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Frank Pastore dies after four weeks in coma; former Reds pitcher was 55

David Brown
Big League Stew

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Frank Pastore, who pitched nearly 1,000 innings in the major leagues, mostly for the Cincinnati Reds in the 1980s, died Monday at age 55. Pastore had been in a coma for four weeks after sustaining injuries in a motorcycle accident. KKLA-FM radio, a Christian station in Southern California where Pastore was a host, reported his death. The KKLA page includes a link to a prophetic soundbite by Pastore that describes what might happen to him if another driver were to cut him off as he rode his motorcycle home. Kind of spooky.

That's how he died. But Pastore seemed to live a full life, even if it was cut short in time.

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(Checkoutmycards.com)

If you collected baseball cards in the early 1980s like I did, you knew who Frank Pastore was. A second-round pick in 1975, Pastore was a 22-year-old rookie four years later when he started Game 2 of the NLCS against the Pittsburgh Pirates. Standing 6-foot-2 and 188 pounds, Pastore limited Pittsburgh to two runs over seven innings. The Bucs won in extras — Pastore didn't get a decision — and Cincy fell in a three-game sweep. It would be the final postseason hurrah for the remaining members of the Big Red Machine — players such as Johnny Bench, Joe Morgan, George Foster and Dave Concepcion.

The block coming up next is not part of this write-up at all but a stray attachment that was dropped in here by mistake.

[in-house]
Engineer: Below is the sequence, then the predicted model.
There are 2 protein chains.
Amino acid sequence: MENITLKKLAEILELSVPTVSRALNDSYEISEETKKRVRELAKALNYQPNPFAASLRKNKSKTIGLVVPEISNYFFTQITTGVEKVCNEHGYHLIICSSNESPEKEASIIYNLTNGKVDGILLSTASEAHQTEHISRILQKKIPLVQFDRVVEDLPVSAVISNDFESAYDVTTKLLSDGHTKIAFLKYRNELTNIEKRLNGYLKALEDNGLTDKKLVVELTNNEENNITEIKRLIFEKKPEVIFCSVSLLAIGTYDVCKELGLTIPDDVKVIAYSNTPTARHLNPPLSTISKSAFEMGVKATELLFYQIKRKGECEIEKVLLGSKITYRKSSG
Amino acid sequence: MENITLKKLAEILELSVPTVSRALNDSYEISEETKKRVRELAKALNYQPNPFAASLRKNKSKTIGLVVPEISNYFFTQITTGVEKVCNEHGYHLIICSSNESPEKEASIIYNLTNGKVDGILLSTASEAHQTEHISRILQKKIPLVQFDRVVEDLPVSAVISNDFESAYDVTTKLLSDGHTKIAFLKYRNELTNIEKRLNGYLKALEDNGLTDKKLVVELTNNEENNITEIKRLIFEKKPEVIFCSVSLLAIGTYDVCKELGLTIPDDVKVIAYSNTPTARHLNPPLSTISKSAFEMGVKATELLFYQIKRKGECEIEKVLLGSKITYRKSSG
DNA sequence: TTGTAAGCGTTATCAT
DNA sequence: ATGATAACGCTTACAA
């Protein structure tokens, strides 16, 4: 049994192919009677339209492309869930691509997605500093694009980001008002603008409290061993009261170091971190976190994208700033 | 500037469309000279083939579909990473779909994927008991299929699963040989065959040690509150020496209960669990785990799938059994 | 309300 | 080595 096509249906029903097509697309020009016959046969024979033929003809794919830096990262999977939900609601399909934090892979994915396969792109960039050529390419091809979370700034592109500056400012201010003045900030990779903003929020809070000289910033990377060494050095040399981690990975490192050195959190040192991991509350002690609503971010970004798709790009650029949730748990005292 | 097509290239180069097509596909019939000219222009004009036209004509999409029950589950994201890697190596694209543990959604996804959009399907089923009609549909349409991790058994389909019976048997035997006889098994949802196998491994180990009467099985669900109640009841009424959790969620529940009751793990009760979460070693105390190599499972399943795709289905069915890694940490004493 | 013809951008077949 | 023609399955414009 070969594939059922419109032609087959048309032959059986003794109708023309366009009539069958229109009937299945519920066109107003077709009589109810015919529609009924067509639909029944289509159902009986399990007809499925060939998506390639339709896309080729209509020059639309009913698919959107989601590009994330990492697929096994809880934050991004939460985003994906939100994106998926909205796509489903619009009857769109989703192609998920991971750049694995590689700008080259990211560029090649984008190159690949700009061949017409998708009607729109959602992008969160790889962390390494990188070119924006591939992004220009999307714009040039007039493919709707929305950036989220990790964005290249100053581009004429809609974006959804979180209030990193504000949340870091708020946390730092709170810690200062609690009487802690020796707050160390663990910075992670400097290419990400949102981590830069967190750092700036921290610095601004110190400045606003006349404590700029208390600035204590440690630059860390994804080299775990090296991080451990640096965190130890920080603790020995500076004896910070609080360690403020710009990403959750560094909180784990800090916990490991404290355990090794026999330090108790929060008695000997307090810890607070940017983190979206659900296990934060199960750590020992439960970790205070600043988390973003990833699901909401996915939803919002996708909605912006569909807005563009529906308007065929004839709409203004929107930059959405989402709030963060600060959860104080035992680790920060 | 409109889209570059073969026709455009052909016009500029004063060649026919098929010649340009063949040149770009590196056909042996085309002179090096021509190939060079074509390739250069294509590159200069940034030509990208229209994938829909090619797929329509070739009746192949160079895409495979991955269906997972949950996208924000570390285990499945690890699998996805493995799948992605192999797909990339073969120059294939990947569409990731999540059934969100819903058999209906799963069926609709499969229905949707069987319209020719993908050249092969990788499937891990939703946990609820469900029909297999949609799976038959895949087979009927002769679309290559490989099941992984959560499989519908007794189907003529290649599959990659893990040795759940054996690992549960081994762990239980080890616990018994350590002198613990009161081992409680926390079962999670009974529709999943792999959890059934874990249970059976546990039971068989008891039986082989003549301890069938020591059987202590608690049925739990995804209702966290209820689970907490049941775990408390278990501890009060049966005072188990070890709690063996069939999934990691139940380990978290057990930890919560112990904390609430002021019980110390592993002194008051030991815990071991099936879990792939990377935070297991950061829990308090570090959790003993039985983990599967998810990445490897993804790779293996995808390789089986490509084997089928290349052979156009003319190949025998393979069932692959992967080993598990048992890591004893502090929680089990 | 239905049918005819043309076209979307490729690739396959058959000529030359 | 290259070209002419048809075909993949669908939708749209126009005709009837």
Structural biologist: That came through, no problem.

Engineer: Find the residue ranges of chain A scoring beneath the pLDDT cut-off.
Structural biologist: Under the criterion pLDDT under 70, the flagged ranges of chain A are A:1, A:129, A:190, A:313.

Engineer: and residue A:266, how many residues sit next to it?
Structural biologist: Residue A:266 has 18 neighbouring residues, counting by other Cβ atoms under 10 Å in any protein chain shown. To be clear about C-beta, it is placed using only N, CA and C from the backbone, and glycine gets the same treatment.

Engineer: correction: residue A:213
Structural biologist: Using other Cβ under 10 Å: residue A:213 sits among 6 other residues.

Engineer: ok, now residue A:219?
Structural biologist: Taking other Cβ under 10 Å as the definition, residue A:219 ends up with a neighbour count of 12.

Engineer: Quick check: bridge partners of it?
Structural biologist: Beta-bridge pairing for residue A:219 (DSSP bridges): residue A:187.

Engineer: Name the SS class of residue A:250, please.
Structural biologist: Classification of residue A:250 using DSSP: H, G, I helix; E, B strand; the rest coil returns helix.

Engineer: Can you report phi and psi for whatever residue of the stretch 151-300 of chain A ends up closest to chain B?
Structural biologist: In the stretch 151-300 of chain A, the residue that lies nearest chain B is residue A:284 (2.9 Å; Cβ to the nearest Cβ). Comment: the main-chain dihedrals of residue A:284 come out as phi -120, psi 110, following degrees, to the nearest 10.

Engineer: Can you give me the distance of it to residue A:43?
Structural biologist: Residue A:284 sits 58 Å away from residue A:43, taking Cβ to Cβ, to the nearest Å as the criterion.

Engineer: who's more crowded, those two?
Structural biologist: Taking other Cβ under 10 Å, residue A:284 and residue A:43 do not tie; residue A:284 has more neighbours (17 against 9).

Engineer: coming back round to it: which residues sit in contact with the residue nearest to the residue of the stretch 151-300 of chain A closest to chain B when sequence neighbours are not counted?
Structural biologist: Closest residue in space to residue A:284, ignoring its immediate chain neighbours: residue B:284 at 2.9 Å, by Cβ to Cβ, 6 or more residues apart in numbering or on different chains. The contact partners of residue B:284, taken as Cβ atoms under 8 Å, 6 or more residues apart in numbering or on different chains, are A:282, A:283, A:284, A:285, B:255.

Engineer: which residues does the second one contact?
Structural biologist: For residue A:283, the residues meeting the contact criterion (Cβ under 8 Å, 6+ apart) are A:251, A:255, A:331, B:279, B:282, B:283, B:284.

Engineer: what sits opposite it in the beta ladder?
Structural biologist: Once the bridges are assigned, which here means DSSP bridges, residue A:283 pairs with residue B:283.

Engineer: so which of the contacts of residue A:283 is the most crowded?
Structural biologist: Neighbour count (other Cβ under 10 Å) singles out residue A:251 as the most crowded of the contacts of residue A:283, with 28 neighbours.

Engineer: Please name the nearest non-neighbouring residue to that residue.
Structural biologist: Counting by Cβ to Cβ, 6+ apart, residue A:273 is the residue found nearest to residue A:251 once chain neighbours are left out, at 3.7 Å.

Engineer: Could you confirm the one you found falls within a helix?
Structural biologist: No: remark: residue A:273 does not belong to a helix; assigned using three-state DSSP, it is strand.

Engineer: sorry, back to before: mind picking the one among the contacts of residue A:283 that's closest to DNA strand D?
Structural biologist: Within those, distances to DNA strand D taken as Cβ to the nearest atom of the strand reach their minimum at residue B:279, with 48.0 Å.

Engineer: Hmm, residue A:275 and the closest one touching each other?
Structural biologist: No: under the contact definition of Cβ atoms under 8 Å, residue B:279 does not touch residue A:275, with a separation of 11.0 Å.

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Pastore continued to pitch well in 1980, finishing with a 3.27 ERA in 184 innings. He was mediocre in 1981 and '82, and the rest of his career with the Reds was one of diminishing returns. Steve Sax of the Dodgers hit a line drive off Pastore's right elbow in June 1984, and, Pastore says, his abilities were never the same thereafter. He was released in April 1986 and finished the season with the Minnesota Twins. He pitched four games with the Texas Rangers organization at Triple-A in 1987, but that's where his career ended.

By the time his baseball career had ended, he already had started to develop mental and spiritual interests. He earned degrees in business, religion, ethics, political science and theology at several universities. He wrote a book, and was a radio host with KKLA since 2004.

And check this out: In 1987, he downed a 72-ounce steak dinner at the world-famous Big Texan in a reported 9 1/2 minutes! It was a record until 2008.

The Inland Daily Bulletin also had details on Pastore's life. He is survived by wife, Gina, son, Frank Jr., and daughter, Christina.

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